Making Your Board Effective

Recently at Natadola Beach in Fiji, I ticked an item off my bucket list. I wobbled all the way to shore on one of those 1960's longboards. That night as I walked along the beach, reflecting on my surfing prowess, I had a phone call from a colleague who was having a very different board experience.

Photograph of businessman surfing

The Board of an organisation he was involved with had been disbanded in a dysfunctional mess. He was enquiring if I knew anyone who could help. I did indeed.

Louise Broekman is a small-framed, big-hearted business dynamo who has founded the Advisory Board Centre. She also Chairs our Advisory Board at FRI and knows a lot about what works and what doesn’t. So the following morning, while sitting on the beach watching the local board riders do their thing, I phoned Louise for some tips on how to ensure Boards function effectively. She generously rattled off a number of thoughts which I have summarised below. If your organisation has a Board, or is thinking of starting one, you are sure to find these useful. Some are also relevant to Franchise Advisory Councils.

6 Tips to Improve Your Board Skills

1. Be clear on the difference between a Board of Directors and an Advisory Board. The purpose of the former is for the Directors to make strategic decisions which are executed by the CEO (and for which they are responsible), whereas the purpose of the latter is for members to provide advice to the CEO. For this reason Louise advises members of Advisory Boards not to call themselves Directors, as this could make them liable for decisions for which they are not responsible.

2. Have a code of conduct to guide how discussions will be held. Louise believes respect for the CEO’s role is particularly vital. For instance she often hears members of Advisory Boards saying to a CEO “What you should do is…” While this may be well intentioned, she says it undermines the CEO’s authority and creates unhelpful noise in meetings. Respectful listening in meetings is essential, rather than Board members coming with predetermined opinions.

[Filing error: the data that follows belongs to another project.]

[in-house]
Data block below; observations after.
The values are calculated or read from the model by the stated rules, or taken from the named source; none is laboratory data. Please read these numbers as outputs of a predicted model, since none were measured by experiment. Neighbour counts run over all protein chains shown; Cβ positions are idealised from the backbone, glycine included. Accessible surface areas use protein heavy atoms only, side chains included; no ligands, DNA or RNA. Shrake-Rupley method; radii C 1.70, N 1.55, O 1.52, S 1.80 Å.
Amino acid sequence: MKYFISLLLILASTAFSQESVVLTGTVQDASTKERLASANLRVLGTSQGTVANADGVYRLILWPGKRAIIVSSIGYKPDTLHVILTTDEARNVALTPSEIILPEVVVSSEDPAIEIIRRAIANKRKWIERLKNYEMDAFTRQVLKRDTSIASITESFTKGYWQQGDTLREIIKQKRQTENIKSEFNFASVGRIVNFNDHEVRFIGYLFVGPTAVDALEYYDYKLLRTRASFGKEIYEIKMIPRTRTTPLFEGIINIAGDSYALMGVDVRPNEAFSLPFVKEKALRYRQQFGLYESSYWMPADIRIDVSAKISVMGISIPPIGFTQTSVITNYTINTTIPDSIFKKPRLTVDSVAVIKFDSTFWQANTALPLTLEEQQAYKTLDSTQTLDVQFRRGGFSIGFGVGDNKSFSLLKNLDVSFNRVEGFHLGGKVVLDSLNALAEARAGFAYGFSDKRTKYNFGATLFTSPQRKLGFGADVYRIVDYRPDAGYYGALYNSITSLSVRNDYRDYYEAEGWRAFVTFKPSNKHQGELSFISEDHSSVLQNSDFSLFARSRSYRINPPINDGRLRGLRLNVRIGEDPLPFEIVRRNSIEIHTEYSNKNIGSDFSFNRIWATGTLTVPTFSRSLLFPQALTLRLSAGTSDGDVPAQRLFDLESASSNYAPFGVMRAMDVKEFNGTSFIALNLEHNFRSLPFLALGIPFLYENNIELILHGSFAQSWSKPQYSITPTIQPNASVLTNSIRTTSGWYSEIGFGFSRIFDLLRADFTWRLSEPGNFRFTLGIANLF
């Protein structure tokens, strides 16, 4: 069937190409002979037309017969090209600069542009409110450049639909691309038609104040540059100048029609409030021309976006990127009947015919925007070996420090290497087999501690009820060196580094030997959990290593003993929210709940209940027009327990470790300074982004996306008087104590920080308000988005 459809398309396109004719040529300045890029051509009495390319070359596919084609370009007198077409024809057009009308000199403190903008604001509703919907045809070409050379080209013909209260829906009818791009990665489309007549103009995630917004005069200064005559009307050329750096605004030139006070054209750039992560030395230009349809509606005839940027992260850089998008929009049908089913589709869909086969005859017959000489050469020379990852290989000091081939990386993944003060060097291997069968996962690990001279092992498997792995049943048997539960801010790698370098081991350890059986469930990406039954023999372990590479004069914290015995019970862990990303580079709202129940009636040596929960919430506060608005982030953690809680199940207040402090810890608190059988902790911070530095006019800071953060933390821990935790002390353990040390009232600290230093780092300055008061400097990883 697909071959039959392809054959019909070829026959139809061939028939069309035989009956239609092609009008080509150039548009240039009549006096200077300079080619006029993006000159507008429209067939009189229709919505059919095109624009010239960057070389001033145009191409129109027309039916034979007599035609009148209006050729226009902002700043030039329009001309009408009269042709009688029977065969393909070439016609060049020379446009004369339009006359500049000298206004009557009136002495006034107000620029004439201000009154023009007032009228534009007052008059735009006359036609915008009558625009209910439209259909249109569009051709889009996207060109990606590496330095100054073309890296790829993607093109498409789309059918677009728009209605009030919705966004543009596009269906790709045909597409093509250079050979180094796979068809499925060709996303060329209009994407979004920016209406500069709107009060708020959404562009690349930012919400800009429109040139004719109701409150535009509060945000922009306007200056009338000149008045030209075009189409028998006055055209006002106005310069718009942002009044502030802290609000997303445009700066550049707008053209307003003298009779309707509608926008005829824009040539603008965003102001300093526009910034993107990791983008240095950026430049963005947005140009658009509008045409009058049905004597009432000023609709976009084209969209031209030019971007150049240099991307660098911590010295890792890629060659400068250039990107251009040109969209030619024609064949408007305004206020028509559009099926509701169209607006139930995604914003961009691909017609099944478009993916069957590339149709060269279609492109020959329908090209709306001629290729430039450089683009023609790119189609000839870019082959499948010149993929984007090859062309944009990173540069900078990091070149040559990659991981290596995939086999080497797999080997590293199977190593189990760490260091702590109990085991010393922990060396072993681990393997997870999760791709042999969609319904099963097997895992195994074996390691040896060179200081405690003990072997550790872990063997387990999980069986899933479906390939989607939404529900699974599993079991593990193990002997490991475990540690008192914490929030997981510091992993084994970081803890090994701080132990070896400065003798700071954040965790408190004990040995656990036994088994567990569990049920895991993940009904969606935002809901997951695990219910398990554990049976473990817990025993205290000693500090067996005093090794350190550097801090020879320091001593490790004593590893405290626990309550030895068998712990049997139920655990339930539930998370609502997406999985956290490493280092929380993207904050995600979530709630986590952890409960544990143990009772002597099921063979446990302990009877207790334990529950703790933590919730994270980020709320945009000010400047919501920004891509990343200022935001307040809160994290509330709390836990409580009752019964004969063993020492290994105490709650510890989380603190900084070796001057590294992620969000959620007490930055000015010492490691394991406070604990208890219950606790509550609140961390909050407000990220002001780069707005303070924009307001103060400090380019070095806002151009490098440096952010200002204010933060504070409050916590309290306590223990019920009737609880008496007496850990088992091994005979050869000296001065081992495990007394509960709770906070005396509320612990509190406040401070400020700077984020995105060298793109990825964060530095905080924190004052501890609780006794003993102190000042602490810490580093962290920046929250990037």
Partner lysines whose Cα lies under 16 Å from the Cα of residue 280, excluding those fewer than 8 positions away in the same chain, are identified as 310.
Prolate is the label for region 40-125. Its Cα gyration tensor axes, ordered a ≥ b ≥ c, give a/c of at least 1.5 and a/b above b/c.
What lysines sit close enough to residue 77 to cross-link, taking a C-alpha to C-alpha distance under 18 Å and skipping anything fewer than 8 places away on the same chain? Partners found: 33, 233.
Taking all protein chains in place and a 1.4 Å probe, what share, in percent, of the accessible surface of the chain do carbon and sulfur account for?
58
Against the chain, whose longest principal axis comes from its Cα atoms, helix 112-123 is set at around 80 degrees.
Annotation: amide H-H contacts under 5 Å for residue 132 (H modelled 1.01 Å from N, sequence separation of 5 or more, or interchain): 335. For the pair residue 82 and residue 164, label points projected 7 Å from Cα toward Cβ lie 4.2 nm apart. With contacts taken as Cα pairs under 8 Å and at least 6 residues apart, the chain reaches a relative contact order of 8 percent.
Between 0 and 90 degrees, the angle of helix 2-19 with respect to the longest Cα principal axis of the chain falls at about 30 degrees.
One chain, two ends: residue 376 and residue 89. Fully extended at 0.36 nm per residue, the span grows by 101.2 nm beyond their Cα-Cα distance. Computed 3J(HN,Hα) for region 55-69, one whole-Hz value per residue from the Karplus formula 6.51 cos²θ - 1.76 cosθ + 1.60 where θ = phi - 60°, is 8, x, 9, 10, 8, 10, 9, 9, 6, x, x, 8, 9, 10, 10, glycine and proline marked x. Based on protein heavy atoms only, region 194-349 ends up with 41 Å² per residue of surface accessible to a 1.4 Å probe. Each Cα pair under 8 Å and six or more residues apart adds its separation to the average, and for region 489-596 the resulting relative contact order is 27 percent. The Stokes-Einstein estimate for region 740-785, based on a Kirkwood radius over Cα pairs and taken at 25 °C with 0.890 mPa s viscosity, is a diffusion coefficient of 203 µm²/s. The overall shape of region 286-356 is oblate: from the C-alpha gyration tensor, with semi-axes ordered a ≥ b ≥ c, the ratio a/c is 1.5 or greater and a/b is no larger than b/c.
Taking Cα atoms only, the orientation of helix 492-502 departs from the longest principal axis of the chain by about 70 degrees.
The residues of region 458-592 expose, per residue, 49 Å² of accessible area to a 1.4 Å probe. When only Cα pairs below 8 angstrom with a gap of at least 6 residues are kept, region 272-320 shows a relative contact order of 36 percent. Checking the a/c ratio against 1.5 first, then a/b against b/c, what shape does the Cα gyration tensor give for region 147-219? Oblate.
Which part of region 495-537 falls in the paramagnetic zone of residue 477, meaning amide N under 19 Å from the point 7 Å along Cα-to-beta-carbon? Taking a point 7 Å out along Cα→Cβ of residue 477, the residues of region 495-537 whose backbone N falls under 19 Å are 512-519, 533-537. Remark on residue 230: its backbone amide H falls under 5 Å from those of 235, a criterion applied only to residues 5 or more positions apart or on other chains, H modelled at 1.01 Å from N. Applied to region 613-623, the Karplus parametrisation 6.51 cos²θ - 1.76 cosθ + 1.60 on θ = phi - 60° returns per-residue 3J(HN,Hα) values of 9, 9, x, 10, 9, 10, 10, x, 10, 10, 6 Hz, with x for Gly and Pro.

3. The relationship between a CEO and chairperson is particularly important. Louise recommends the chairperson has regular discussions with the CEO between meetings to provide moral support, refine agenda items and agree on the best process to address issues on the agenda.

4. A good agenda should define the purpose of each discussion item. For instance are you wanting Board members to provide feedback on a proposal, explore alternative solutions to a difficult problem, or reach consensus on an important strategic decision? Louise says a lot of Board dysfunction comes from confusion over how agenda items are being addressed.

5. Separate discussions that involve exploring information from discussions that are aimed at reaching conclusions. Louise says Board members need to prepare well for meetings and not jump too quickly into decision-making before considering all facts and options.

6. Maintain a clear line of sight into the health of the culture. Unlike poor financial performance, cultural problems can be filtered by a CEO. In a franchise network this may involve significant franchisee unrest. Louise says having metrics on franchisee satisfaction from third party surveys is important for Non-Executive Directors as they will ultimately be held responsible if systemic conflict or litigation damages the brand.

Franchise networks need good governance to protect the interests of all stakeholders, and a Board or Advisory Board is a great investment, providing it is structured effectively.


Greg Nathan is a psychologist, author and an international expert on the franchise relationship. Connect with him on Google+ or Linkedin.

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